•   To carry out on the business of television network to telecast and broadcast pictures and sounds for entertainment, education, knowledge, news or any other television and radio programme
  •  To organise sports events, entertainment events, etc., to form sports associations.

In a fascinating investigative article published in The Sunday Leader, journalist Ranjith Jayasundara has traced the profile of CSN (www.thesundayleader.lk/2011/07/24/carlton-sports-network-and-somerset-entertainment). This is what Jayasundara says about the Board of Directors:
“S. K. Dissanayaka 7/2 Vaidya Road, Mount Lavinia, A. R. Fernando 29/3 Samudra Mawatha, Panadura, S. Karunajeewa 31/3 Horton Place, Colombo 7, R. Welivita 33 Hospital Road, Homagama. Mr Karunajeewa has rather a well connected father: Chairman, People’s Bank. Rohan Welivita is a Presidential Adviser on Electronic Media and the force behind a broadcasting licence issued in the name of Sri Lakvahini. Sri Lakvahini is currently in the market according to industry sources, looking for a suitable partner to commence operations. Rohan Welivita is married to Anoma Welivita, who is a PA to First Lady, Shiranthi Rajapaksa. Anoma Welivita’s father is the former MP for Kalawana, Lionel Gunasekera. Her brother Wasantha is a long-standing associate of Minister S.B. Dissanayaka.”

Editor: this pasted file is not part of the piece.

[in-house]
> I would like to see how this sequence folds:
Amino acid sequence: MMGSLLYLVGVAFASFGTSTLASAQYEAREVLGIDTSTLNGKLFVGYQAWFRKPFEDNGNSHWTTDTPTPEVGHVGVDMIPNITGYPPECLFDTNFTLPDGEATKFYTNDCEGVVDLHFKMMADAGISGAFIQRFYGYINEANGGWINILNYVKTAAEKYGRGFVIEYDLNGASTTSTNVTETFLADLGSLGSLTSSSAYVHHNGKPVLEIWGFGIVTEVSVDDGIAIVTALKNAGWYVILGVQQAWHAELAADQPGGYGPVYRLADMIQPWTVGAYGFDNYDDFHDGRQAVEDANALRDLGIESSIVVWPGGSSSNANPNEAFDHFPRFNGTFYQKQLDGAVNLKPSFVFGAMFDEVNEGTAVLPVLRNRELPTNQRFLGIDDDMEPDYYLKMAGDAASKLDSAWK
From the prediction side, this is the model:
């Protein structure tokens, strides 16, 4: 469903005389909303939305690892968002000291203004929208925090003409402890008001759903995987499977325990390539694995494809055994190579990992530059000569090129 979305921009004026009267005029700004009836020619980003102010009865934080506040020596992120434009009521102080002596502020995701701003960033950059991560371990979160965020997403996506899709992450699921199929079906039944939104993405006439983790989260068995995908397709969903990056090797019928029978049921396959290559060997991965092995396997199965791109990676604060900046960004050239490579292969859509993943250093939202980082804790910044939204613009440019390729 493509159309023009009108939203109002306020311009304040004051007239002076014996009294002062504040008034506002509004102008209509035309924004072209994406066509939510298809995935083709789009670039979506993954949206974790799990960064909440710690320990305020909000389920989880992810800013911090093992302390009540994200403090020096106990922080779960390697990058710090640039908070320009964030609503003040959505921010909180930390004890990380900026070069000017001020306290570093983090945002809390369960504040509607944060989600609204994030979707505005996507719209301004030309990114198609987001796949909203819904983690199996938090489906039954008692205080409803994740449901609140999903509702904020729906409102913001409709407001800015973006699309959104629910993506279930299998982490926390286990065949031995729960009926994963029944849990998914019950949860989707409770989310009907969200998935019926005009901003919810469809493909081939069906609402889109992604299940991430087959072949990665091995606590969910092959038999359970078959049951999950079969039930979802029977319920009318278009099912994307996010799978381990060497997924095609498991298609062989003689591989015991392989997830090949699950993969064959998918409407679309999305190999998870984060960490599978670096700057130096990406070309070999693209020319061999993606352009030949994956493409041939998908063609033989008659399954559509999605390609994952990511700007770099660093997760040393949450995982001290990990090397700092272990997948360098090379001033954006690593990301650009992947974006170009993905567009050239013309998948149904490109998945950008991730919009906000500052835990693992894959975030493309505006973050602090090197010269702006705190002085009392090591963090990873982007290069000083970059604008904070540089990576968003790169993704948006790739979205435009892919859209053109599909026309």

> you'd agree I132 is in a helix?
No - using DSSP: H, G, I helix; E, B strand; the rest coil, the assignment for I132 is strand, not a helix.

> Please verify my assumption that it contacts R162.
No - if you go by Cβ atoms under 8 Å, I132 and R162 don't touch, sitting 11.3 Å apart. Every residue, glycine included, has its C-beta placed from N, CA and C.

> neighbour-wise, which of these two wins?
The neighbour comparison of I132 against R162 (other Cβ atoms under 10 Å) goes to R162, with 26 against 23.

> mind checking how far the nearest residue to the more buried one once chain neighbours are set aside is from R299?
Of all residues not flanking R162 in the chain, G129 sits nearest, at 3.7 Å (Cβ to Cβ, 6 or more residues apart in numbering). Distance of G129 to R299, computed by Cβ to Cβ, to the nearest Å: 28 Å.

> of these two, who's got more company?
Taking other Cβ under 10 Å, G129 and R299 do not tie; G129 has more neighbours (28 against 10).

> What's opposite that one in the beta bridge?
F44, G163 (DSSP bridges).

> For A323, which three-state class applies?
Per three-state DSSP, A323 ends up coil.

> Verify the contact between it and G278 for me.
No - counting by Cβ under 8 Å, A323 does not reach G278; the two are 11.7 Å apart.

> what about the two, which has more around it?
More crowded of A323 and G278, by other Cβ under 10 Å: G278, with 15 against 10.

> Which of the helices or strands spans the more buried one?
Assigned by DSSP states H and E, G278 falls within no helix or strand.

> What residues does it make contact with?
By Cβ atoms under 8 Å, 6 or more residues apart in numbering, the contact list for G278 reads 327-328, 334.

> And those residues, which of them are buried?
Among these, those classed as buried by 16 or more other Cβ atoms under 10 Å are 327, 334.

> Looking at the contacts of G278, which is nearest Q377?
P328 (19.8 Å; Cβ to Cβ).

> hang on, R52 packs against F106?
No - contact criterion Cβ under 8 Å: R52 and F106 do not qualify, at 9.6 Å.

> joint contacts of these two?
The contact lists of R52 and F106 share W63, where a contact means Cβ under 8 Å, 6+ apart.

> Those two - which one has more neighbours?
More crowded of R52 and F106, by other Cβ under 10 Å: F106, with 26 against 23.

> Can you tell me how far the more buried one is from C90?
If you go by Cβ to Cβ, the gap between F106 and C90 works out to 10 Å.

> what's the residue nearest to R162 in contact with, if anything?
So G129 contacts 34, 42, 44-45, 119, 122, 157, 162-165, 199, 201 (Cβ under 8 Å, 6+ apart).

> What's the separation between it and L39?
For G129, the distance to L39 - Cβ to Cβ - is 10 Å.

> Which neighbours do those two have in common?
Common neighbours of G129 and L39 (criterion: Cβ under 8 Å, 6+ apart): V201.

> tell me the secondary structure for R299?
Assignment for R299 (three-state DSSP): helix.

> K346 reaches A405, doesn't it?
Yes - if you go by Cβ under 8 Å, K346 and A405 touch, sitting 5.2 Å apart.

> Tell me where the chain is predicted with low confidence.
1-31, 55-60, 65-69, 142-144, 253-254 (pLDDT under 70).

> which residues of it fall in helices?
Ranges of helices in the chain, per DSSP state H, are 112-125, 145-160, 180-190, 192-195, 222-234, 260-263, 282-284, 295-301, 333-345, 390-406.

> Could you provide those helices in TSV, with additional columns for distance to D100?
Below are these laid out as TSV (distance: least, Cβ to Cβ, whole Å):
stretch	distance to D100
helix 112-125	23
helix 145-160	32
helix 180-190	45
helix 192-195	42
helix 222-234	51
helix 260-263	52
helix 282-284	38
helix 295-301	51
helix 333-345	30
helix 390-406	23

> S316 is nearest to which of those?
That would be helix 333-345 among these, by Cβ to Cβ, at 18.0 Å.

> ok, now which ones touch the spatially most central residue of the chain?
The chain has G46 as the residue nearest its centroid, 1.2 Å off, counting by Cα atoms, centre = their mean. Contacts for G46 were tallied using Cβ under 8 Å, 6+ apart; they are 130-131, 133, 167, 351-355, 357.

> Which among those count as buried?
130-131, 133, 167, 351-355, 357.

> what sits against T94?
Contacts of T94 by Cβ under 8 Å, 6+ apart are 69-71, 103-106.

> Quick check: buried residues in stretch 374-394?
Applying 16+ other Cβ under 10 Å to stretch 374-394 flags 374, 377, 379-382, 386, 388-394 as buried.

Of these directors, Dissanayaka was just 22 years and Fernando was 23 years of age at the time of incorporation of the company. Welivita however ceased to be a director on 6-3-2011, Dinesh Jayawardana of 24, Cambridge Place, Colombo 7 was appointed w.e.f. 1-3-2011.